When we asked members of our 2022-2023 Student Advisory Council who are first-generation college students to share what they’d want Illinois lawmakers and higher education professionals to know about their experience as first-generation students, they raised concerns about affordability and financial need, a need for greater support for mental well-being and intentionality around connecting with them. We’re always proud to lift up the voices of students and give them space to discuss what they need to be successful.

More Financial Support

College can be very overwhelming, especially trying to figure out how to pay for your education. Many first-generation college students come from low-income families and find it difficult to cover the cost of their education. Oftentimes students are told that there are no funds available to help them. This can be anxiety-inducing as a student has to either figure out how to pay for their tuition out of pocket or drop out of college. No student should ever have to face a decision like that, but unfortunately many do. Febe Frias, University of Illinois at Chicago

‘Connect with Us’
We are not just a statistic or a group of bodies within an institution. First and foremost we are people who are trying to better ourselves and our current situation. Being first-generation comes with its own responsibilities aside from academics. These responsibilities can look like having to work two jobs, taking care of younger siblings, being a caregiver, and having to financially contribute to your household. Our one common goal with those in positions of a higher power is to simply change our quality of life. I was taught from a young age by my immigrant parents that education is the key to success. I want lawmakers and higher ed faculty and staff to take a moment to reflect on their own struggles and obstacles they may have faced during their own journey through higher education. I am most likely certain that we may share some of those same obstacles. Wouldn’t you have wanted someone fighting in your corner then? – Sarahy Rodriguez, Moraine Valley Community College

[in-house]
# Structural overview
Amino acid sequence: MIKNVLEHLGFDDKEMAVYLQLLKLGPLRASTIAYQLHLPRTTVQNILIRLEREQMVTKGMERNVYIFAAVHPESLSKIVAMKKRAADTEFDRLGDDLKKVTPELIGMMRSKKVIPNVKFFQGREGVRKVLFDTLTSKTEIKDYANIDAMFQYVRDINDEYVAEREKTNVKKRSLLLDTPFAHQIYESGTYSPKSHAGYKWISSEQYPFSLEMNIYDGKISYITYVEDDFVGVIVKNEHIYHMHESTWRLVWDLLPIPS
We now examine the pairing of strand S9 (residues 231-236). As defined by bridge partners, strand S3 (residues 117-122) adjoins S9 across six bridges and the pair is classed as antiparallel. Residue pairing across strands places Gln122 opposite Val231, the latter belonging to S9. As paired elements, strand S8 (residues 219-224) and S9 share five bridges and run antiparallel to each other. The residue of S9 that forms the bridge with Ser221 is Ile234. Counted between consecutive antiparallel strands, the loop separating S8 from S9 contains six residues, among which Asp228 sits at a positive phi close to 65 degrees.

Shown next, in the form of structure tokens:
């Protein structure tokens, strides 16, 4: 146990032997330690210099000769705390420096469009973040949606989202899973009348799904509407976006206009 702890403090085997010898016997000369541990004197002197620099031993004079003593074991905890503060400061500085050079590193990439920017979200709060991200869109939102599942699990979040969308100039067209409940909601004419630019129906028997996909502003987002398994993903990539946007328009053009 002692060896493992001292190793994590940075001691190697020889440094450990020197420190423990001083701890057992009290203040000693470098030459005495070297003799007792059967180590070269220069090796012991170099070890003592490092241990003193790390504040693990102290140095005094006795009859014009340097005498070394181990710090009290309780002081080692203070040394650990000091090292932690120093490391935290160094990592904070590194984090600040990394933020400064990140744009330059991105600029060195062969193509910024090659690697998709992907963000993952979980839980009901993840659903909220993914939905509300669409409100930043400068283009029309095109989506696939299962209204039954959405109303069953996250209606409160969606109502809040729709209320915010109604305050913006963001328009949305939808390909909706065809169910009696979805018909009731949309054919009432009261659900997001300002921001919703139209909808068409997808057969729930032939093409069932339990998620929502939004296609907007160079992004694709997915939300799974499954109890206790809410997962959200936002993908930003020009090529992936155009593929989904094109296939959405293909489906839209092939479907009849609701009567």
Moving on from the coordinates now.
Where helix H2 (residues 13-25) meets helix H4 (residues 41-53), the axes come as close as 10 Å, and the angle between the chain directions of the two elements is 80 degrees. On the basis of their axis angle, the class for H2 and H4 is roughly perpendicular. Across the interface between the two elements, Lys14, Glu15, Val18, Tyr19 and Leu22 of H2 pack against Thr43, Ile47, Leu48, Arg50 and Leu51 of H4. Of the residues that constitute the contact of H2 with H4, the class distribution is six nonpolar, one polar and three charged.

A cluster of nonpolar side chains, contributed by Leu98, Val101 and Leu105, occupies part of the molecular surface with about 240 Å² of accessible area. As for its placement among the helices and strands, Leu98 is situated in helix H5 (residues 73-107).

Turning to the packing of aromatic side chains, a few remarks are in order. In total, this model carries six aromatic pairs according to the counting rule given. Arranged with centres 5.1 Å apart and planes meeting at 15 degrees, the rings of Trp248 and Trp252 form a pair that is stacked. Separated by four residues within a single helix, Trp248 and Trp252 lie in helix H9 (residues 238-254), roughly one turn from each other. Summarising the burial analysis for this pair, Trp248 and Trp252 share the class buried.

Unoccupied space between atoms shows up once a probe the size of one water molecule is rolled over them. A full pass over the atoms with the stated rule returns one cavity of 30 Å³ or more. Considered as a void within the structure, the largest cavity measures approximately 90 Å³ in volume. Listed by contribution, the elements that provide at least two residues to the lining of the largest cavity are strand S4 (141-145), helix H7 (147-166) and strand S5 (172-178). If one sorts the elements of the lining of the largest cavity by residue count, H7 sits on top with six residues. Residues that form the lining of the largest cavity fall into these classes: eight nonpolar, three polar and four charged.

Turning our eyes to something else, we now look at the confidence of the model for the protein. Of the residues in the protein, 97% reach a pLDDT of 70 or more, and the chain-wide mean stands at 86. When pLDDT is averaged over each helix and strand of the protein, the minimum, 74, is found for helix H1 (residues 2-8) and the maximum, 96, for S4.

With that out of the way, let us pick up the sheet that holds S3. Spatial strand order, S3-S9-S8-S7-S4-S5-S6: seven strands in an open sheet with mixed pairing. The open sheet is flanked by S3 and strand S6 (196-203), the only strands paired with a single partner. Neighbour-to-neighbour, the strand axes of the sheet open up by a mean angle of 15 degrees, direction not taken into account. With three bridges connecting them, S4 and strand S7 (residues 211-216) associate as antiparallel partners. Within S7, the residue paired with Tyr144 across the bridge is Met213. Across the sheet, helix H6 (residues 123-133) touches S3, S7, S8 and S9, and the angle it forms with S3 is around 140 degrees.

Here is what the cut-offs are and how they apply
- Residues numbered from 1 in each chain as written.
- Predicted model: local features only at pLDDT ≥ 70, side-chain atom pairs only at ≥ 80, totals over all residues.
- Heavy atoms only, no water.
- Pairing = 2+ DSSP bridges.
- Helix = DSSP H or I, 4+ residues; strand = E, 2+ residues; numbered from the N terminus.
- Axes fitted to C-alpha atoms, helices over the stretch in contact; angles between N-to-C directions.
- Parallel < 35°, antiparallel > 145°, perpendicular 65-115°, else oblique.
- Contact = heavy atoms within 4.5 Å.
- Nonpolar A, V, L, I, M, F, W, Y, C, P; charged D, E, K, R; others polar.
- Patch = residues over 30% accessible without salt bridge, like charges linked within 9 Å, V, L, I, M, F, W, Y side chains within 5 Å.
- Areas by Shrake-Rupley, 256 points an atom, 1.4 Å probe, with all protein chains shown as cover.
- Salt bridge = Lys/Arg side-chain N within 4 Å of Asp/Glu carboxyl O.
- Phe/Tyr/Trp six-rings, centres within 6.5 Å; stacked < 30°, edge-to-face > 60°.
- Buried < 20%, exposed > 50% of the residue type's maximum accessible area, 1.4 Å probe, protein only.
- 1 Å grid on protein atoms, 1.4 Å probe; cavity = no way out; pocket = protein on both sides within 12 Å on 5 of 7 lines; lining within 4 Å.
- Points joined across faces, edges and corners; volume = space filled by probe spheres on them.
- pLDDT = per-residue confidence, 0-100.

Prioritize Class Check-ins
These check ins would consist of discussing the assignments and the difficulties we each face as a class. These check ins could be virtual or in person or over class discussions through Canvas. This would help the students who are falling behind. They could potentially receive help from their professors and peers. –Sabrina Hart, Columbia College Chicago

Provide More Support to Navigate Campus Services and Processes

As a first-generation college student, I have found it difficult to navigate different areas of the bureaucracy of college and loan services, especially with little to no family support. I think it is important for a student coming from low to middle-income backgrounds and first-generation students to have the support they need to succeed in college without having to agonize over such things as the FAFSA, loan payments, taking out student loans and applying for other forms of material or financial aid during their college years. I do not think I have any of the solutions to these problems, but something I would propose would be to do targeted Illinois high school workshops with Sophomore through Senior year students to help better prepare them for what is to come. Workshops on how to read financial documents, network, search and apply for different scholarships and apply for other forms of assistance while attending college. –Montreal Thomas, Blackburn College